The German Shepherd died Thursday night, after serving the citizens of Vancouver for nine years as part of the VPD's canine unit from 2005 to 2014.
"Knight made it to his 17th birthday and lived a wonderful life with his handler [Const.] Wong," the VPD canine unit shared on Twitter. "Rest [easy guardian] of the night, you will be missed."
Last month, the department also bid farewell to retired police service dog Bosco, who died on Feb. 17 after fulfilling his role from 2007 to 2016. "A ‘pocket rocket’ at only 60lbs., he was one of our best tracking dogs!," the VPD's canine unit remembered. "He enjoyed a wonderful retirement with his handler [Const.] Rhode, and passed away peacefully."
Vancouver's Police Canine Unit was established in 1957, making it the oldest municipal police dog unit in Canada.
Today, it's comprised of 16 dog teams that are trained in a variety of disciplines like tracking, criminal apprehension, evidence recovery, narcotics, and firearms and explosives detection, police say.
"Depending on the Unit’s needs," these police dogs—typically German Shepherds, carefully selected from breeders known for producing top working dogs for police, military, and search and rescue purposes—arrive when they are between seven weeks to two years old.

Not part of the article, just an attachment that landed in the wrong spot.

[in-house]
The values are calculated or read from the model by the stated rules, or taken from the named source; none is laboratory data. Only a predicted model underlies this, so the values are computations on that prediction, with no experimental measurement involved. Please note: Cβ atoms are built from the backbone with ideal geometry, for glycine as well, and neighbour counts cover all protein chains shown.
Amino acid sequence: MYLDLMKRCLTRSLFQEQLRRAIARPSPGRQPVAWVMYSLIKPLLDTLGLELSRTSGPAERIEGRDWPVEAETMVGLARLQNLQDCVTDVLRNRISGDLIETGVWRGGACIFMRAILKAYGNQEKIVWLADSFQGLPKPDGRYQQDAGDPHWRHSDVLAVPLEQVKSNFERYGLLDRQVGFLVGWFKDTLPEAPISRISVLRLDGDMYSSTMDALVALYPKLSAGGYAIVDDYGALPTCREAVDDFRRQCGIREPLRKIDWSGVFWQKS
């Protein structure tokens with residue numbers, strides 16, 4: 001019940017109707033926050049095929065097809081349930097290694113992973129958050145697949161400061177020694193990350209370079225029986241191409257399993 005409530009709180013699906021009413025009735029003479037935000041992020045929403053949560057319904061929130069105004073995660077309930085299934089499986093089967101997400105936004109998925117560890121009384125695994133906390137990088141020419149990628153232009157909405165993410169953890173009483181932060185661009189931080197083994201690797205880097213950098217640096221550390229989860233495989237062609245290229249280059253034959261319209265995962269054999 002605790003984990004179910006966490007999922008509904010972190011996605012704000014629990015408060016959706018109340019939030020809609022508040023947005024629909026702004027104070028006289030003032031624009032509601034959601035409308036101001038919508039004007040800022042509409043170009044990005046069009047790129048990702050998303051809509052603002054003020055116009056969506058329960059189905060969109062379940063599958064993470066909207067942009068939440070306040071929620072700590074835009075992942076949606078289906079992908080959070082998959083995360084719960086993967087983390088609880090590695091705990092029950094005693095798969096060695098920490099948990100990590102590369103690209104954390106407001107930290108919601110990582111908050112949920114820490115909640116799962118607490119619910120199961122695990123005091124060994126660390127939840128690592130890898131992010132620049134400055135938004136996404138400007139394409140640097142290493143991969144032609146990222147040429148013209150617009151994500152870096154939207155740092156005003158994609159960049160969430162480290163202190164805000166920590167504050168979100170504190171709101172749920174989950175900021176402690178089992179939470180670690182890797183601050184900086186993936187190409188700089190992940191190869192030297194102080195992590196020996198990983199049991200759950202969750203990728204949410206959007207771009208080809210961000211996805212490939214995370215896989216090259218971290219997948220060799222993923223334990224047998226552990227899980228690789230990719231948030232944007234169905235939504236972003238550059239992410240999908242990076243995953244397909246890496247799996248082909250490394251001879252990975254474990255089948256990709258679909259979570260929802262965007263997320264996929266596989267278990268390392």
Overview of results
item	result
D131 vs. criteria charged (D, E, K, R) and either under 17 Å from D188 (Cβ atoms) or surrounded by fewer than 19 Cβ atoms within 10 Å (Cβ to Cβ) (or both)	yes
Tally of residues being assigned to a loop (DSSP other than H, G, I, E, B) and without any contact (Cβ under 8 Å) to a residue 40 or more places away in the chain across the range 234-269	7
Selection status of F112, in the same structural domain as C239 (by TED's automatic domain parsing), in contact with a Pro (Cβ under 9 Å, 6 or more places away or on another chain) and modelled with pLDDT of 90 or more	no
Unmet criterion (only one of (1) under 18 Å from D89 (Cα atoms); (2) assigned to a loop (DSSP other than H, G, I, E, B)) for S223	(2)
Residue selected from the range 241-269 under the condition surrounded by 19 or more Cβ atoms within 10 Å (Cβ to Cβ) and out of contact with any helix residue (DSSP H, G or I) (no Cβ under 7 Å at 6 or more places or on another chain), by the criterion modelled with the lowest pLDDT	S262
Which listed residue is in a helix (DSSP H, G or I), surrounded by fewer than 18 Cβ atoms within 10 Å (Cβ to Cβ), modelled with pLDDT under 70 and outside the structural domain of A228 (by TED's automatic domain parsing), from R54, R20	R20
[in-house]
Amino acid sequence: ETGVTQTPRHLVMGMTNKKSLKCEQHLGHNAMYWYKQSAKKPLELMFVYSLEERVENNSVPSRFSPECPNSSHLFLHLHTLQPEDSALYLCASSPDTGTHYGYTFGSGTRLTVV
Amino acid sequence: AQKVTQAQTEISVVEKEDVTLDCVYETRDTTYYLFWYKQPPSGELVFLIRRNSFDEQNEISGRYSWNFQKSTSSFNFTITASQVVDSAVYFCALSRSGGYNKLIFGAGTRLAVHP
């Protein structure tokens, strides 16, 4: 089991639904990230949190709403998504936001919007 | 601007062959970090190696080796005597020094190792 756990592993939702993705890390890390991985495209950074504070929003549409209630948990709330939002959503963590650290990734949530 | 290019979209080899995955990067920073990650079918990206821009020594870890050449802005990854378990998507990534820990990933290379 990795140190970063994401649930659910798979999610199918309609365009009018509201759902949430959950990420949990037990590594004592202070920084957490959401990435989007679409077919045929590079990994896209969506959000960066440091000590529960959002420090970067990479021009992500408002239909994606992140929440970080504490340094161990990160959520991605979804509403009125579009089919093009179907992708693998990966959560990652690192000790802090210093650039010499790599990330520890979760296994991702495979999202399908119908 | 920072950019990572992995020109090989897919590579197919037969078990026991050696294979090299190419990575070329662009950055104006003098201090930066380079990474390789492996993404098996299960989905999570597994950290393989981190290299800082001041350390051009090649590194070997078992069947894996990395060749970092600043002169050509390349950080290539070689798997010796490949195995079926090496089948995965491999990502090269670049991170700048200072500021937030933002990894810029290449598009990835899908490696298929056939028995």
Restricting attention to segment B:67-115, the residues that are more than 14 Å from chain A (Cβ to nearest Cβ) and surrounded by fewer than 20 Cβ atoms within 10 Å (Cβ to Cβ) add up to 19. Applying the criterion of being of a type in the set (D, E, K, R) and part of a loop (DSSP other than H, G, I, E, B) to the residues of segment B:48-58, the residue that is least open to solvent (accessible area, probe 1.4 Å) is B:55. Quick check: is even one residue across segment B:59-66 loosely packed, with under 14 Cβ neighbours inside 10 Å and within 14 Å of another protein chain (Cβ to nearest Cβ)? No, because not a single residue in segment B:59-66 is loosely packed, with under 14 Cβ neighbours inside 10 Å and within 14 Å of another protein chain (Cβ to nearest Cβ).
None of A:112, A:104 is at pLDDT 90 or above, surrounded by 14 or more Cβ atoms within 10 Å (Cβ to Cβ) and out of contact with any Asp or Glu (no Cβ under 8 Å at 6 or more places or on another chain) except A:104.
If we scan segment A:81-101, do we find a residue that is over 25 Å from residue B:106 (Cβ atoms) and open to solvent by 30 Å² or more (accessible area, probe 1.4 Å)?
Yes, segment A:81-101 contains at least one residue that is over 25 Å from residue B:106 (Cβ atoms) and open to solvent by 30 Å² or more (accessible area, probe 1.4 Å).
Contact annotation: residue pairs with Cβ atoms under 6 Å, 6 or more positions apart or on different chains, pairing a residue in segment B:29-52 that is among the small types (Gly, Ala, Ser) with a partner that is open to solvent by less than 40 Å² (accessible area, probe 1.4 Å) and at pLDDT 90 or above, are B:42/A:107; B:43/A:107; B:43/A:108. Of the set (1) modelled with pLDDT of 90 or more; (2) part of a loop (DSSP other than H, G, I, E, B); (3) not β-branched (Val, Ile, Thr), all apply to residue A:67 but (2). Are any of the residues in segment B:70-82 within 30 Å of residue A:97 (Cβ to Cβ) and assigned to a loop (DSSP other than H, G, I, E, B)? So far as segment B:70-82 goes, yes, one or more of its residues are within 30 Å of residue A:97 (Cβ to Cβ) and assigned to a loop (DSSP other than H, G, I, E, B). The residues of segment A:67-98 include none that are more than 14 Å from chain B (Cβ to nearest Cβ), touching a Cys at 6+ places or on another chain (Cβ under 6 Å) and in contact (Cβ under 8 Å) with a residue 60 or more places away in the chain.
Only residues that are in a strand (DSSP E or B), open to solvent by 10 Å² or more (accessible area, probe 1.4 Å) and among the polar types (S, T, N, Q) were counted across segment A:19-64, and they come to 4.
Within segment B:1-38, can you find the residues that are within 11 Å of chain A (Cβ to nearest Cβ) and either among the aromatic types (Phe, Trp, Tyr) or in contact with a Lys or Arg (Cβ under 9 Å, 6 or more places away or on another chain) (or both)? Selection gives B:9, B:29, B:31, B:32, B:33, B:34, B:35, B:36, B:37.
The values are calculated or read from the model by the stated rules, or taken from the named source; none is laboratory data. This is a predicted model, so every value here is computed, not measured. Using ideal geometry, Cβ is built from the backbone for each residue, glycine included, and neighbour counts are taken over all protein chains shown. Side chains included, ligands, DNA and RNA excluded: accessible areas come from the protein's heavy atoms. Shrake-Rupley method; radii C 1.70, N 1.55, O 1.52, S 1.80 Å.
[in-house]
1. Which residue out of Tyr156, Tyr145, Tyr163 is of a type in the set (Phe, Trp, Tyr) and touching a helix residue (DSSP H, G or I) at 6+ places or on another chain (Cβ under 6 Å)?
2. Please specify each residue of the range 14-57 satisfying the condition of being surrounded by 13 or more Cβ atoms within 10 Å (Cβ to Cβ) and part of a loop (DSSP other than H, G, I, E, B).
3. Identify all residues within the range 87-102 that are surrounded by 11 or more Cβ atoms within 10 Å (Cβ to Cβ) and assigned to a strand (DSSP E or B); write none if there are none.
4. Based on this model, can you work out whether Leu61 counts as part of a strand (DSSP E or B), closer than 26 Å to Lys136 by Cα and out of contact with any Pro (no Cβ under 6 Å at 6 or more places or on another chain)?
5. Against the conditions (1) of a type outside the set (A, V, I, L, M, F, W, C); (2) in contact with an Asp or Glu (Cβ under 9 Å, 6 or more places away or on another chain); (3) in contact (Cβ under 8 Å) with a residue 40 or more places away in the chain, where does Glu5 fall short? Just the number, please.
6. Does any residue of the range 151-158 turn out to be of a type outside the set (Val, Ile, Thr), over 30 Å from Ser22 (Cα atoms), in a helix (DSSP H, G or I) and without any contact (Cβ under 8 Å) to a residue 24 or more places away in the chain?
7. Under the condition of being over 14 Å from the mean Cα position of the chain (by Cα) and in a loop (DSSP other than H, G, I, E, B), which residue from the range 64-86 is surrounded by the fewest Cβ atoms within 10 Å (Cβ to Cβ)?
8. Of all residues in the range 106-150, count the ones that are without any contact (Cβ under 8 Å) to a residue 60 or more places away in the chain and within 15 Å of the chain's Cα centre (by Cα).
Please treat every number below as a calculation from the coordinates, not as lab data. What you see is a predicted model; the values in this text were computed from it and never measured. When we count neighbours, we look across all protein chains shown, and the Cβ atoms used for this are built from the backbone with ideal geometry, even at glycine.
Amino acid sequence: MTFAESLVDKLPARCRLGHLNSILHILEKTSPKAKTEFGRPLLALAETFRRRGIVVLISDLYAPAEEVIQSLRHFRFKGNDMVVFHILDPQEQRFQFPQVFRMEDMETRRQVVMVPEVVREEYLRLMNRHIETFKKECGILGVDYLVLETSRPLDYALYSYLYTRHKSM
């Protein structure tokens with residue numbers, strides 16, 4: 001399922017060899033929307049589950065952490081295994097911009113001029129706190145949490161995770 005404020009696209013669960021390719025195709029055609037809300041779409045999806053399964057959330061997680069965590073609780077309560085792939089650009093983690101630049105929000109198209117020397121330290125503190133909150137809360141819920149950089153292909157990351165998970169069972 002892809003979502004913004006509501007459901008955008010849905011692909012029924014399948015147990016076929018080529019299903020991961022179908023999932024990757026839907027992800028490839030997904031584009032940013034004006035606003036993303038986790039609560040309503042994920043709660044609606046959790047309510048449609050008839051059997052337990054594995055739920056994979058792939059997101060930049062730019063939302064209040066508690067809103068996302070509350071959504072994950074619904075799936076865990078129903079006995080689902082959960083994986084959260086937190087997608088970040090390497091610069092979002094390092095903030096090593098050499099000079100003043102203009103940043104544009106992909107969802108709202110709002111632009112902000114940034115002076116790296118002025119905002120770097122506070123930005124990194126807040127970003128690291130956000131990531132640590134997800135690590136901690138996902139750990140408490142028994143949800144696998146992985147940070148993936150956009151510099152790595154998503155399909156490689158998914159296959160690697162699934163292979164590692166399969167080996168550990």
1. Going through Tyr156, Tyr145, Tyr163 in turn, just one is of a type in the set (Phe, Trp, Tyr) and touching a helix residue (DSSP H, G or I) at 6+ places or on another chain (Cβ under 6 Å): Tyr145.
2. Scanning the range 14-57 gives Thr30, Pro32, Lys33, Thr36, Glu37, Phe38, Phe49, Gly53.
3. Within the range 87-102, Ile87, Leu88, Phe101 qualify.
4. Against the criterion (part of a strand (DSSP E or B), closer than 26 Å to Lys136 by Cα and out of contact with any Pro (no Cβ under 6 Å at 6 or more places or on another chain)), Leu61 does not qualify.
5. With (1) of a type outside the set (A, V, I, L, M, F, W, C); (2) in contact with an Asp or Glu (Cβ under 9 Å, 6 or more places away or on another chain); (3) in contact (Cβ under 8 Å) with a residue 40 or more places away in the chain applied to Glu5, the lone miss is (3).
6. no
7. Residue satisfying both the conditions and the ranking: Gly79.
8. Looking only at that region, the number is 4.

"Prospective police dogs must be social and high in drive," police explain, and "are x-rayed and must be rated 'excellent' in the hips, back, elbows, and knees prior to entering our training program."
The dogs begin the 14- to 17-week basic dog handler course when they are at least one year old. VPD police service dogs will work, on average, until they are aged eight to ten, following which they are retired to live out the rest of their days at home with their handler.
Since the canine unit's inception, eight Vancouver police service dogs have died in the line of duty. "Each lived with his handler and was considered a member of their family," reads a memorial page posted to the VPD's website. "All are deeply missed."